I have seen some people complain online about items needing to be nerfed, but I have to think that they’re missing the point of the game. In The Binding of Isaac: Rebirth, you’re supposed to become this unstoppable monster if you want any hope of progressing through the deeper levels of the game. After a few levels, you’ll start finding bosses waiting in regular rooms, and after you get a few wins under your belt, the game ramps up the difficulty. If you’re not able to melt away lower enemies, you simply won’t stand a chance against Satan himself. This isn’t a result of poor game design, but is instead a very deliberate design choice to provide an experience unlike anything else out there.
One of the other massive changes is a complete retooling of the level layout. In the original, the maps were all fairly similar with the same sized rooms and similar layouts, with the only really difference being color schemes and enemy placement. In The Binding of Isaac: Rebirth, rooms can be upwards of four times as big, house twice as many enemies, and seem to contain countless amounts of devious traps devised to make you rage out just a bit more. There’s something to be said about looking at your mini-map and knowing that the extra-long boss room waiting for you is going to house two baddies as opposed to one to make you clench your sphincter just that much more.
There’s even a two player mode this time around, although it’s definitely more of a bonus than a fully fleshed out mode. A second player can pick up a controller and, at the cost of one of Isaac’s hearts, become a little floating buddy capable of wreaking havoc of their own. They’re slightly limited in the sense that they can’t go through doors, lay bombs, or pick up items (so no trying to cheat the system by having your little flying buddy cross that gap to nab the extra key), but it’s a great little distraction.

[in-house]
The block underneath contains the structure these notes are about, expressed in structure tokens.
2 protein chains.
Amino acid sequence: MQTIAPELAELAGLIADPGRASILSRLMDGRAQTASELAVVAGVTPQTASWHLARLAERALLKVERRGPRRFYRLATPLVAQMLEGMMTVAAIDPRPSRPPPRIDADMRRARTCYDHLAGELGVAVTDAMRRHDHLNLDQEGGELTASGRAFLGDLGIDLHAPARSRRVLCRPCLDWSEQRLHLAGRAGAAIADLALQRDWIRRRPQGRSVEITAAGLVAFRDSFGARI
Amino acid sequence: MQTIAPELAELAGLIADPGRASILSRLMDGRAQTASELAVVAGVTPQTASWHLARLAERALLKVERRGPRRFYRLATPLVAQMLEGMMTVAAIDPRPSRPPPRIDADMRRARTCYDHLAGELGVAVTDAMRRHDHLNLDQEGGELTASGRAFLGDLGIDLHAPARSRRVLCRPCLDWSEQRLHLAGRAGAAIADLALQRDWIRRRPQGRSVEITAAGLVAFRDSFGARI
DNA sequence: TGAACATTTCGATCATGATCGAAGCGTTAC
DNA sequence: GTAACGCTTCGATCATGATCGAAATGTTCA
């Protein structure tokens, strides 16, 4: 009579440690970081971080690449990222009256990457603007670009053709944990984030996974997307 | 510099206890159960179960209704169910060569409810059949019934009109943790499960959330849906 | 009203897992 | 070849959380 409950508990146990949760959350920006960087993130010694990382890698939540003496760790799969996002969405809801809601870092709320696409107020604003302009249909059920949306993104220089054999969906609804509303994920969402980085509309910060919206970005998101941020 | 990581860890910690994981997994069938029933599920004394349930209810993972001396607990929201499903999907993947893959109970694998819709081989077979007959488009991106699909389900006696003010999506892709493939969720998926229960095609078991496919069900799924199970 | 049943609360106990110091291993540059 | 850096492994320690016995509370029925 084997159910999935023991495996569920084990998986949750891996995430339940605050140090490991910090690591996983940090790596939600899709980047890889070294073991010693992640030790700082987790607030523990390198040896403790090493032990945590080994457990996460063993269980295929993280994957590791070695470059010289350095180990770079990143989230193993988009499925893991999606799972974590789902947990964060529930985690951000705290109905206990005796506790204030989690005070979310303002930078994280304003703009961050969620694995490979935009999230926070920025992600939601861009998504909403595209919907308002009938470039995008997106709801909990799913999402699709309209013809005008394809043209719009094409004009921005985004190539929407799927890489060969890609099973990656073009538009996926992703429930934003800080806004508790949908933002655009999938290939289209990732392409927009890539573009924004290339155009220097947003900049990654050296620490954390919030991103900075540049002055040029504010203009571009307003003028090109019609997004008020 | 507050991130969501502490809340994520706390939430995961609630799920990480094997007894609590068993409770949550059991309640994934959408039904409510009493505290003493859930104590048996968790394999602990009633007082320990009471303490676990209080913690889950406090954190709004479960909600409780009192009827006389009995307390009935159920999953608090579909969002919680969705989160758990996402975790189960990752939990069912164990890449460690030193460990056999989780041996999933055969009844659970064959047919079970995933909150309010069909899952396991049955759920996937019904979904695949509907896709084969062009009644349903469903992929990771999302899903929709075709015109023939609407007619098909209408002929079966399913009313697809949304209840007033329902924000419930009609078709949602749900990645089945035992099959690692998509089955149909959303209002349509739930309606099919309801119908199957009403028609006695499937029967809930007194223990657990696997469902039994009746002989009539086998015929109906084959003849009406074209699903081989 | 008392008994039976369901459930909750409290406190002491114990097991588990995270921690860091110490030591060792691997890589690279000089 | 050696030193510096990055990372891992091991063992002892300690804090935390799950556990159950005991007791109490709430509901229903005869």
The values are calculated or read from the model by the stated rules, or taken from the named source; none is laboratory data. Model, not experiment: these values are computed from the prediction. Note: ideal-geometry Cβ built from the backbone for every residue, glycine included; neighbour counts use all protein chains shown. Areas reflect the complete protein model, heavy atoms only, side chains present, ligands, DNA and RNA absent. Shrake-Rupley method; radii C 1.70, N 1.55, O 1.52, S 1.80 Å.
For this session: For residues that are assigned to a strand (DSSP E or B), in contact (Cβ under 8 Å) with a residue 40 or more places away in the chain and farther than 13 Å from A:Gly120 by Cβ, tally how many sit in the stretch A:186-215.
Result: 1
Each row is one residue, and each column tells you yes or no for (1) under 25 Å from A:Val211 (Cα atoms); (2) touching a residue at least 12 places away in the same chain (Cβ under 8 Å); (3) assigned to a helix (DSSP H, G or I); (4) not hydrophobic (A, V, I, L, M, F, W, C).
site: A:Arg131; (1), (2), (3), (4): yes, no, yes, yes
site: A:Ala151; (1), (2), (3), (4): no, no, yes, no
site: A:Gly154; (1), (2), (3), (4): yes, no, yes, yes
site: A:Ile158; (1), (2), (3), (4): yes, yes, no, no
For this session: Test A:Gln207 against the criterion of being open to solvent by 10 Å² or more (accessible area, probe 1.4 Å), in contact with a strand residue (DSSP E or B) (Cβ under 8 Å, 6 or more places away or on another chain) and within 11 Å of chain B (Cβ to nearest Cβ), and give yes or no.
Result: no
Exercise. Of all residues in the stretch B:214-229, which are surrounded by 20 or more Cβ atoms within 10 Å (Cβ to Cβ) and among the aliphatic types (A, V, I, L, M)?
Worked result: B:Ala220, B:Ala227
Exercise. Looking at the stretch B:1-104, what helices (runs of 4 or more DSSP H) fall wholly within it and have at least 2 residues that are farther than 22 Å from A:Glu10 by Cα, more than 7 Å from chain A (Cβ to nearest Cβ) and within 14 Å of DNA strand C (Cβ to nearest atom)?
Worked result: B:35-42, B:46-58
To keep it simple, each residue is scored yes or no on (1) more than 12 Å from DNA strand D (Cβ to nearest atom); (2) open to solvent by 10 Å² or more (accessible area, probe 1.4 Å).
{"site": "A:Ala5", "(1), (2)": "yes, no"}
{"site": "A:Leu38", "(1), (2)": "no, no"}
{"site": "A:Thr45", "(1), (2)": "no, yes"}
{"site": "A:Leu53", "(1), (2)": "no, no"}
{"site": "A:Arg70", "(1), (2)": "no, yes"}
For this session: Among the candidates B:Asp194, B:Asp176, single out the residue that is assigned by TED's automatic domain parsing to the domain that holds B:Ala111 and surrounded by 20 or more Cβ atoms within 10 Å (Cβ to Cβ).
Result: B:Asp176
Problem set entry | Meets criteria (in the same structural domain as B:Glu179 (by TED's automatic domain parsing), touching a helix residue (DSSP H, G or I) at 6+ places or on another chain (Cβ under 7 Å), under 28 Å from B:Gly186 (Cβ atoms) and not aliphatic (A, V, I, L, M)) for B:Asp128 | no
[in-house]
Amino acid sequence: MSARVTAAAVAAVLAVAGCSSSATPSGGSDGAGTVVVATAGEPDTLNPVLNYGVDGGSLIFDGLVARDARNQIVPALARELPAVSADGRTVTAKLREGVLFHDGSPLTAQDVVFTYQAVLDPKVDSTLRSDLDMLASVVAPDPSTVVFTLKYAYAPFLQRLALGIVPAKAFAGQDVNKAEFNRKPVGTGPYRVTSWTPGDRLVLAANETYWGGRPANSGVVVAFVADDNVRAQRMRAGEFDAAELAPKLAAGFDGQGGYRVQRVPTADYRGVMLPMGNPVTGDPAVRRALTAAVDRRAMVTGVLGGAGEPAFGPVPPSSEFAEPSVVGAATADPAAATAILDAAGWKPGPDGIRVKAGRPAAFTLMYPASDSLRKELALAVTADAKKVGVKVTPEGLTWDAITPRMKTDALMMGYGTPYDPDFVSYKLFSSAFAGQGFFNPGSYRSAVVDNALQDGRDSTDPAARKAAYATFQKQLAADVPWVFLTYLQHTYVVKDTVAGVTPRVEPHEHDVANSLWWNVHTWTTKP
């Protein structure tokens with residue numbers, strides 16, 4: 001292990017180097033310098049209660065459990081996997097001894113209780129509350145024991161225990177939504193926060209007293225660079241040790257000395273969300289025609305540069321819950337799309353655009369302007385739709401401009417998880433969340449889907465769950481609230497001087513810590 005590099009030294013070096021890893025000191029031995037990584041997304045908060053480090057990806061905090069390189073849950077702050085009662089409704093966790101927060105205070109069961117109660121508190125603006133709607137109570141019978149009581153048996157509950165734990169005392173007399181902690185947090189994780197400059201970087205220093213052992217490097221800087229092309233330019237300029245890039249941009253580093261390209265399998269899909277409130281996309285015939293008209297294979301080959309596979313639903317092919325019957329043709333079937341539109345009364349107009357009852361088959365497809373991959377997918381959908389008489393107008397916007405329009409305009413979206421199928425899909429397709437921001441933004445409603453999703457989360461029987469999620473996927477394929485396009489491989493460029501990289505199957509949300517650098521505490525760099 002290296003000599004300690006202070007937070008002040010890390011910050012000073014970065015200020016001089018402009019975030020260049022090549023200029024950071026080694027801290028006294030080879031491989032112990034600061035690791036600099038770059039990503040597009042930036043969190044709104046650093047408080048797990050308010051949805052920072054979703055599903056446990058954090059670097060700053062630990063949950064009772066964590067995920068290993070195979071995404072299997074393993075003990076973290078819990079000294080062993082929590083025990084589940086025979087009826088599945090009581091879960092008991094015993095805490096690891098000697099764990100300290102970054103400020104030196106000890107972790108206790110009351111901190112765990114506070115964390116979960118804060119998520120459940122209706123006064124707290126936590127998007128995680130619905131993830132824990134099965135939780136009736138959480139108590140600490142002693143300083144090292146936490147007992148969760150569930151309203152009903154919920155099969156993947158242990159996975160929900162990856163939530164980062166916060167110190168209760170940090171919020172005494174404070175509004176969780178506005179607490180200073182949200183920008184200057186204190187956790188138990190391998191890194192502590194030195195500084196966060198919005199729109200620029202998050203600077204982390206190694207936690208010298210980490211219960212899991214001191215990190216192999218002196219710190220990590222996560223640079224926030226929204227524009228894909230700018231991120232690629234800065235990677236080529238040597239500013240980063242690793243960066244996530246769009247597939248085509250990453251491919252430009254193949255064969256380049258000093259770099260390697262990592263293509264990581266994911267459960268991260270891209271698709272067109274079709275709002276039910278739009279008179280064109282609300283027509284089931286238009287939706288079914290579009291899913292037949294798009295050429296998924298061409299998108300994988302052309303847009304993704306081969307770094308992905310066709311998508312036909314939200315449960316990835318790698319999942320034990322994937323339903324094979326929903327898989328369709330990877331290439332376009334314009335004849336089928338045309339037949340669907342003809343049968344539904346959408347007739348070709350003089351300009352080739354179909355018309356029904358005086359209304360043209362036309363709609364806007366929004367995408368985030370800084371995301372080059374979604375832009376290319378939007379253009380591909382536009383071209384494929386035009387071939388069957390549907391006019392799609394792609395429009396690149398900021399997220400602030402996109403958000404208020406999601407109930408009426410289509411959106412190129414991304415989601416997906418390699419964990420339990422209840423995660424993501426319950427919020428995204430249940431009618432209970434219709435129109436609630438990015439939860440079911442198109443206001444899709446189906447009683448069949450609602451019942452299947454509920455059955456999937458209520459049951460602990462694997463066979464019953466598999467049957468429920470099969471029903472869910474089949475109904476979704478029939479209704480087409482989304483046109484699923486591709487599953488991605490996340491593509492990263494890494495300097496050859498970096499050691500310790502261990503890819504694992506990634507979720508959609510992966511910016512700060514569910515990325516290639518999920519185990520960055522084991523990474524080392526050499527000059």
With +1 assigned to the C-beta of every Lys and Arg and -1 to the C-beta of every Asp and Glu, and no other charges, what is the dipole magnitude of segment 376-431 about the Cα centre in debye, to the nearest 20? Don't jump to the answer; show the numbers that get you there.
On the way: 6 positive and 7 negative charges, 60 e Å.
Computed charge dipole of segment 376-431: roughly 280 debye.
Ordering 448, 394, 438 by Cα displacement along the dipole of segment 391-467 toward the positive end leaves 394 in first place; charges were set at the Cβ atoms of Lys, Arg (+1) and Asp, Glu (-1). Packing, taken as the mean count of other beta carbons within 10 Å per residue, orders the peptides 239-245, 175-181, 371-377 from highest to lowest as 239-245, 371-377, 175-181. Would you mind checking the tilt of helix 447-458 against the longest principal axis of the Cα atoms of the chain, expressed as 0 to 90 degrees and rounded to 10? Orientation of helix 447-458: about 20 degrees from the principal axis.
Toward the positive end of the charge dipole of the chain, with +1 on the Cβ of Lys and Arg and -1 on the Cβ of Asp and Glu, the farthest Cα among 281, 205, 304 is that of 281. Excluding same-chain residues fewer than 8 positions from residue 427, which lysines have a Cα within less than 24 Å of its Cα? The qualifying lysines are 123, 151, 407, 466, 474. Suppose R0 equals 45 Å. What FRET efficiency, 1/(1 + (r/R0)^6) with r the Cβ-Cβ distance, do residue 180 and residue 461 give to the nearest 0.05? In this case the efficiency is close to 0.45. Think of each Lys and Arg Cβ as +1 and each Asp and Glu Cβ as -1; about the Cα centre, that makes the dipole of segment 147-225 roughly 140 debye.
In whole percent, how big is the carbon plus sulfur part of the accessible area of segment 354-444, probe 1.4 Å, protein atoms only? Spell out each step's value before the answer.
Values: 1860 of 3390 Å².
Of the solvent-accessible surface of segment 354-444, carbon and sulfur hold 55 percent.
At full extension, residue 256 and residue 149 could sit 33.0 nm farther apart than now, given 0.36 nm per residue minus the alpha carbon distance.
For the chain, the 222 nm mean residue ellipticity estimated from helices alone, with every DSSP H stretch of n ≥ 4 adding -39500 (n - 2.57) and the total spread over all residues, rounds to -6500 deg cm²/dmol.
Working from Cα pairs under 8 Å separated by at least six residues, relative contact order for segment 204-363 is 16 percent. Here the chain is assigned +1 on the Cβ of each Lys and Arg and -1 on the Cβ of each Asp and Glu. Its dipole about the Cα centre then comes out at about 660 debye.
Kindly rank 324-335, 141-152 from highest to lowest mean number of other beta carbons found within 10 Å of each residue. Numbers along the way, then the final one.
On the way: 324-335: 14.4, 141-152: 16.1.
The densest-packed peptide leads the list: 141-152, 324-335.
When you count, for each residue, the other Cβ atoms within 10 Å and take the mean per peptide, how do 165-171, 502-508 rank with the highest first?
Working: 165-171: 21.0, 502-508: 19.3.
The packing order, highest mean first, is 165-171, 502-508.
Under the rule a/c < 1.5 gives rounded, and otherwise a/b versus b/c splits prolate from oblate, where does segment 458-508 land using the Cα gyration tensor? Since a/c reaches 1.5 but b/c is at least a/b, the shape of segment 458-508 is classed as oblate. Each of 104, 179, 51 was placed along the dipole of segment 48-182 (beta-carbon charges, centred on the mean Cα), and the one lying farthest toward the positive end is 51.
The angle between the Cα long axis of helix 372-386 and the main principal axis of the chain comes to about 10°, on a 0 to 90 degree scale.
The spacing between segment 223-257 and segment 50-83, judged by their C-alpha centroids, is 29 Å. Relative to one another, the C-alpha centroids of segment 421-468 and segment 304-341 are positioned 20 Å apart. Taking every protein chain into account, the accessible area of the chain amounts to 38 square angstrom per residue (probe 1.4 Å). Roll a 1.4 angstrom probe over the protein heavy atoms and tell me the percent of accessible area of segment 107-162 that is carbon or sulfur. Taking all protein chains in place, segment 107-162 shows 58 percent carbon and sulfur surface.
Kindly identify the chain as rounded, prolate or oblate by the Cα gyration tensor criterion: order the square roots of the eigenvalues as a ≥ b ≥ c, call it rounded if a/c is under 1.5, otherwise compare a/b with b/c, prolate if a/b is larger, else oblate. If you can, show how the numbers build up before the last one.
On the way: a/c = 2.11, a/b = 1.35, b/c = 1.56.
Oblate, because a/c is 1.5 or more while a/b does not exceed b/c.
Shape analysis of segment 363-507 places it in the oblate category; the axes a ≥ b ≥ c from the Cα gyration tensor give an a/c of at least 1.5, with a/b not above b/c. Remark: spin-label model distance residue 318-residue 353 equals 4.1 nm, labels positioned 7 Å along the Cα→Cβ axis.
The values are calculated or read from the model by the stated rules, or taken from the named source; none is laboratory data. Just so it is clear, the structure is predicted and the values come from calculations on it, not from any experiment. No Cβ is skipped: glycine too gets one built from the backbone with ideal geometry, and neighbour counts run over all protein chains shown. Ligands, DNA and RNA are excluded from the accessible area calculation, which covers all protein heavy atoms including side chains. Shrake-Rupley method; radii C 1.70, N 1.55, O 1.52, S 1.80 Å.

Speaking of which, I was absolutely shocked at how well the game translated to a controller. I still think I prefer playing with a keyboard here, but the twin-stick gameplay feels perfect with joysticks. PC players have the option to plug in a controller if they would like to check it out, but those of you playing on a console should feel right at home with the control scheme.
Honestly, I feel like I could go on and on about how great The Binding of Isaac: Rebirth is. This is unequivocally the best version of the title available, taking everything that was wonderful about the original and simply improving on just about everything. If you’re a fan of the original, this is a no brainer: you need to spend the 15 bucks to grab this ASAP. For those of you who haven’t had a chance to enjoy the title, this is the perfect launching point. A near perfect rogue-like mixed with a near perfect twin-stick shooter, set in a world of uncomfortable terms where the most dark and depressing settings you can imagine are still somewhat lighthearted, makes for one of the best games this year.
This review is based on the PlayStation 4 version of the game.
The Binding of Isaac: Rebirth isn't a game for everyone, with its crude settings and heavy use of religious iconography. However, it's just about as close to a perfect game as we've seen all year.